The Wahkiakum County Eagle - Established as The Skamokawa Eagle in 1891

Beerbowers find reward in working for the fair


Diana Zimmerman

Jean and Neil Beerbower were painting the T Building at the Fairgrounds in Skamokawa in preparation for the 2017 Wahkiakum County Fair on Tuesday. The two are devoted volunteers to the fair, and spend many an hour there, getting the grounds and buildings ready for the annual three day event.

Jean and Neil Beerbower can attest, they absolutely work more than they did before they retired.

It's almost fair time, and a lot of their waking hours right now are spent in Skamokawa, getting the fairgrounds ready for the annual event, painting the T Building, installing insulation in the youth barn, watering plants, worrying about bathrooms, and more.

The two were giving the T Building a fresh new coat of paint on Tuesday and talking about things that needed to be done this year, or in the coming years.

"It's volunteers like them that make the fair go," Fair Manager Patty Dursteler said. "Without them it would be a sunken ship."

The Beerbowers moved from Elma to Wahkiakum County in 1988. In 1998, Jean decided that she wanted to enter one of her lovebirds in the fair. It was all downhill from there, as they say. A year later she was the superintendent for the exotic barn. She's now the president for the Fair Foundation. Neil is a member of the fair board.

Neil would bring the tractors down for the fair when he worked for Watkin's Tractors, but he didn't really get involved until the old arena came down under a weight of snow one winter.

"I remember hearing on the scanner that there was a loud crash in Skamokawa and to get a hold of the fair manager, Jean said.

That loud crash brought some clarity for the people that loved the fair, including the Beerbowers. Suddenly there was a great need and that's what brought Neil in through the gate, a more committed volunteer.

"The fair grows on you," Jean said. "I'd be lost without it. And when we almost did lose it a couple years ago, it really upset a lot of people including me. At one time, the fair wasn't getting much from the state and I remember collecting leftover fir trees from one of the timber companies. They were just going to throw them in a burn pile, so I brought them here and sold them."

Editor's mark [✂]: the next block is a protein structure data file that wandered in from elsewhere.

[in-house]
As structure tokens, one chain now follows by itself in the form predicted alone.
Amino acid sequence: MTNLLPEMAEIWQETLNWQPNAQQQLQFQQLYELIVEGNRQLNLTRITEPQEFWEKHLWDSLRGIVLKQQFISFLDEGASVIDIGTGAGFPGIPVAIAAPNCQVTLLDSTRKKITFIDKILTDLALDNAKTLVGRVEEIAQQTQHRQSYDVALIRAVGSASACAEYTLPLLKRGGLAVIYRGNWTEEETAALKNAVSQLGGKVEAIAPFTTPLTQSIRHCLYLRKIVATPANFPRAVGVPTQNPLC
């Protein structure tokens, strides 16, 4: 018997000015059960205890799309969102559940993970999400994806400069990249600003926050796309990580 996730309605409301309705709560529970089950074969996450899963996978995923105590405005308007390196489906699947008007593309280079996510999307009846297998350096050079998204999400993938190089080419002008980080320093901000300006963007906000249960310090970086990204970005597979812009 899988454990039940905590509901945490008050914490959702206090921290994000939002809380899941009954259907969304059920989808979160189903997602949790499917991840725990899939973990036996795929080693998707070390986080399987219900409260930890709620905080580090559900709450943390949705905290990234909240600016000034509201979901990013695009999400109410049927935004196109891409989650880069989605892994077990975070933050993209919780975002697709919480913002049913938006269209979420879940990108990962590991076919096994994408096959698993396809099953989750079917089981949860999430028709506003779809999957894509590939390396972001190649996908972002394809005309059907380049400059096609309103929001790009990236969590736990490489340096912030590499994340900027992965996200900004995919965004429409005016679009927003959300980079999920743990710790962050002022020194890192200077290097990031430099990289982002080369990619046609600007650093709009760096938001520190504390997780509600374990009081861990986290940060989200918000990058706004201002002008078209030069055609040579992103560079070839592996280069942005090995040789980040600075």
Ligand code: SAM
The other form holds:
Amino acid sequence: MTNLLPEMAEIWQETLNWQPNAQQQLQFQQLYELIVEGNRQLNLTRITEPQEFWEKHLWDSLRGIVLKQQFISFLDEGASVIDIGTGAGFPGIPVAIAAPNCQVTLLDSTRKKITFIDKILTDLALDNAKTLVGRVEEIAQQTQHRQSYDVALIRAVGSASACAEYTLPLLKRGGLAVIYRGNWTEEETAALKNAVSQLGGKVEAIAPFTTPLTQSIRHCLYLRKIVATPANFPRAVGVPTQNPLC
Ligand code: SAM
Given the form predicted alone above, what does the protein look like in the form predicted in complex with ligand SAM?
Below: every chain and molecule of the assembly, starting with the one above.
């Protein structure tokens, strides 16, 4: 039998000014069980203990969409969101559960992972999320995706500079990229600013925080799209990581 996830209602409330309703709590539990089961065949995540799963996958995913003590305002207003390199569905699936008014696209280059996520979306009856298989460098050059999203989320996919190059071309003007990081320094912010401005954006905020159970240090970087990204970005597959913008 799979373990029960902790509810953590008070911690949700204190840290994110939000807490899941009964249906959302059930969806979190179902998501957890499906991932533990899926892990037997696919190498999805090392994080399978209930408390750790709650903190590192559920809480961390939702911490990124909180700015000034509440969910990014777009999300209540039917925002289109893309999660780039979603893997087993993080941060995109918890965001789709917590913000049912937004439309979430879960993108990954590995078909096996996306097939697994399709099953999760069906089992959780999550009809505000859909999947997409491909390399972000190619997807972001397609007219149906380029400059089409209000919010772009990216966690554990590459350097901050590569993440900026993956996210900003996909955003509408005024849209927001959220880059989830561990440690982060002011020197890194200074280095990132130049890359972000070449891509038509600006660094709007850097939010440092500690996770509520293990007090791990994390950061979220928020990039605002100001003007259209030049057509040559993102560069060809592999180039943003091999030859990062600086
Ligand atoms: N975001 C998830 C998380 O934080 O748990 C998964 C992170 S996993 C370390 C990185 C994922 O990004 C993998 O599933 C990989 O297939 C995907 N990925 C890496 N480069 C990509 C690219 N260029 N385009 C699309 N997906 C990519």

She also sells donated used books to raise money.

The table money raised at the monthly flea market goes toward improvements in the youth barn. Insulation has been purchased and Neil has been installing it himself.

Dursteler is a paid employee, and so are the handyman and the office assistant that show up for a short period of time during the summer months. The fair is built on the backs of volunteers.

As it gets closer to fair time, more volunteers will show up to get buildings ready and to help people enter their work for judging, as well as everything else that needs to be done during the fair.

"You get the same group, and they're all getting older," Dursteler said. "We're going to be in trouble if we don't get some recruitment from the younger generation."

Fairs are falling out of favor in communities and from the state budget.

They've got funding for two years, but they and other fairs statewide lost a $2 million health and safety grant for this year, according to Neil. In two years, the fair will be visited by a judge who awards points for exhibitions, decorations, and more. The points turn into an allocation of funds from the state.

In other words, funding relies on participation from volunteers, visitors, and the people who enter their jams, knitting, artwork, animals, and more. If the community takes the event for granted, they may lose it.

"The fair has been going for 100 years," Jean said. "This is a place for the old timers to come and just sit and catch up with each other once a year. We don't want to see it become a thing of the past."

"And," Neil added, "It's for the kids. We definitely want to keep it going."

"It's always been the place where everybody in the county gathers and it's like a big family reunion at the county fair," Dursteler echoed. "If we don't have something set in place that is going to make you money, we're doomed and that's coming. I'm looking in the next 5-6 years we're not going to get state money and I want to make sure that this fair runs until my grandkids and their grandkids can come."

"It's not just a 4-H fair, it's a fair for everybody," she added. "This is what we work hard for so we can put it out for you."

Jean is also a volunteer at the Cathlamet library, and a library trustee. Neil has been a volunteer with the Cathlamet Fire Department for 20 years.

The Wahkiakum County Fair is set for August 17, 18, and 19. This year's theme is Denim-N-Diamonds.


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